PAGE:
The RCGP has backed a scheme for GPs to prescribe self-help books to patients suffering with anxiety, depression or relationship problem.
As part of the initiative launched by the Reading Agency charity, GPs are asked to advise patients suffering with mental health issues to visit a local library and read a selection of books ranging from binge eating, anger, sleeping problems and social problems.
The Arts Council is providing funding of £20,000 to libraries to stock these self-help books.
Research carried out over the past year has compared the effectiveness of self-help books with support sessions, which is the usual form of treatment for mild depression.
Miranda McKearney, chief executive of the Reading Agency project said these trials showed that self-help books were effective. She added: ‘There is growing evidence base that shows that self-helping reading can help people with certain mental health conditions to get better.’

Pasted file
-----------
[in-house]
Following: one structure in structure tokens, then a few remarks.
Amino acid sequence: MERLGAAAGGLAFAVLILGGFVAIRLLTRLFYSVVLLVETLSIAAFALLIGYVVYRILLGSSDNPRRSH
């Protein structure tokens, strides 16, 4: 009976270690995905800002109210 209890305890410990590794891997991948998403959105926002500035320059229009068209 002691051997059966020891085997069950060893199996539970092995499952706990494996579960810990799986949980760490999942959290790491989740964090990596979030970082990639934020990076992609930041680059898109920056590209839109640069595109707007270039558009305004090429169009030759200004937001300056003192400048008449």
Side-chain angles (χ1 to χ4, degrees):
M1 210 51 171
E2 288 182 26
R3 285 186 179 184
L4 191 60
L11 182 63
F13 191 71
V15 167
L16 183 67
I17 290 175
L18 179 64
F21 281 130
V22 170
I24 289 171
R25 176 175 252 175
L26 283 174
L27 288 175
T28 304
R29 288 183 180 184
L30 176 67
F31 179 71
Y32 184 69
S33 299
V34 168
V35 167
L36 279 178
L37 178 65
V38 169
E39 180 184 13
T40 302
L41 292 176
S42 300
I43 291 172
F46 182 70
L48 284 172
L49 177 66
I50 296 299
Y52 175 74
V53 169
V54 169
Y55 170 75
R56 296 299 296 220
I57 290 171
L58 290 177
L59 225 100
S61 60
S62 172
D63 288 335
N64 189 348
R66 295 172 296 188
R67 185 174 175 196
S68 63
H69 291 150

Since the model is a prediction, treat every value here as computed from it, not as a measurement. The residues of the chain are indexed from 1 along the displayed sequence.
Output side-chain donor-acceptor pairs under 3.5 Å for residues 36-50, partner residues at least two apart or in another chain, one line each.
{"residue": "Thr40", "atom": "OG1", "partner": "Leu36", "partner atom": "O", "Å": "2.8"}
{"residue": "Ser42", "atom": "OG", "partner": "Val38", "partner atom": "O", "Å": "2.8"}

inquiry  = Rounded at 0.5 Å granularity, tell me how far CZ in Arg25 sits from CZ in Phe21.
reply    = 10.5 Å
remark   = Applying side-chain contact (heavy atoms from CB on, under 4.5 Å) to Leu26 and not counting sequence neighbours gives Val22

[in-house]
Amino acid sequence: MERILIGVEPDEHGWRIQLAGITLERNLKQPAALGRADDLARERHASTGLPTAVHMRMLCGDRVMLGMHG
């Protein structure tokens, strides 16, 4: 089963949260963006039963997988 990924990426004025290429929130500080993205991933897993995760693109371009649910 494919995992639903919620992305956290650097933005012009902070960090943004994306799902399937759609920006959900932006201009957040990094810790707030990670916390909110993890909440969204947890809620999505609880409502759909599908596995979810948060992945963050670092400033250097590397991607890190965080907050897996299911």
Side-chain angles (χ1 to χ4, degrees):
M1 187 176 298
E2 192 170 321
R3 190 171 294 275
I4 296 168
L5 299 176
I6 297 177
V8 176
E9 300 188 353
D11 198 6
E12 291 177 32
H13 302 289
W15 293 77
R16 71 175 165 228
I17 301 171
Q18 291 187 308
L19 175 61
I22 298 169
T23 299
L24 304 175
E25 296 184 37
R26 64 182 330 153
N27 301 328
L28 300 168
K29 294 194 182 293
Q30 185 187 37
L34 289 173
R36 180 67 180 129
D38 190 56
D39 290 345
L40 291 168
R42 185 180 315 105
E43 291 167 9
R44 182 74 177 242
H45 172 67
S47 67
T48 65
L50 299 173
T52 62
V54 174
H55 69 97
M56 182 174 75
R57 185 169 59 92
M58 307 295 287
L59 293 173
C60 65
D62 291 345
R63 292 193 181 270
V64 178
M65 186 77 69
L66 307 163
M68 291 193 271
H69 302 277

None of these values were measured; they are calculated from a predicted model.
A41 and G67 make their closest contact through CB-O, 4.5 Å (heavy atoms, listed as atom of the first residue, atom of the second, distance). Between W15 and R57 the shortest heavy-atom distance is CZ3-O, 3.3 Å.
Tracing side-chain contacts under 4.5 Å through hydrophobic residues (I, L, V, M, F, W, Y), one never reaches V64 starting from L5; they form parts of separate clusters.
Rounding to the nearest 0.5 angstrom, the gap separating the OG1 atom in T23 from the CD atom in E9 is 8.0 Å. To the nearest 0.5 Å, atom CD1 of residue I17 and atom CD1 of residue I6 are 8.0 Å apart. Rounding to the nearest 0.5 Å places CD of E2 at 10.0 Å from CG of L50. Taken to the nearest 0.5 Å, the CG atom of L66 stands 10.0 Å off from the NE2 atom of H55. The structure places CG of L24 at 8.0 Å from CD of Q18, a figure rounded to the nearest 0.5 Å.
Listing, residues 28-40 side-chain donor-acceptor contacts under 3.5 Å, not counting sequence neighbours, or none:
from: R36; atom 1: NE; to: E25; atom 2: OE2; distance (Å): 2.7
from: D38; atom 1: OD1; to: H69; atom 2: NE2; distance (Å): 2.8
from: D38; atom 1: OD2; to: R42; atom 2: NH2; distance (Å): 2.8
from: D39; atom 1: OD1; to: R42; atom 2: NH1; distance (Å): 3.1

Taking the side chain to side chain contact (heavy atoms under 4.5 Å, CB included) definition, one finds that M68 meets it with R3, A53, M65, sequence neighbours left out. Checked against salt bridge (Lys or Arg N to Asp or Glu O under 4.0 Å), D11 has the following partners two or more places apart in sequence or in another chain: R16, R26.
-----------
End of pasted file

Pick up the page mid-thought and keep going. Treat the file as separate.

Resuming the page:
She said 6 million people in the UK suffer from anxiety and depression, and around two thirds of those people were not receiving any kind of treatment.
An RCGP spokesperson said: ‘The college has endorsed the project, which will go live in May this year.’
Dr Paul Blenkiron, consultant in adult psychiatry at Leeds and York Partnership NHS Foundation Trust said the self-help books is ‘something the NHS should be investing in.’.
But he added self-help books would not be suitable for every patient: ‘The key thing is that the person is commited to doing some work.’
The self-help books will be in libraries from May this year and include Overcoming Relationship Problems by Michael Crowe, The Feeling Good Handbook by David Burns, and How to Stop Worrying by Frank Tallis.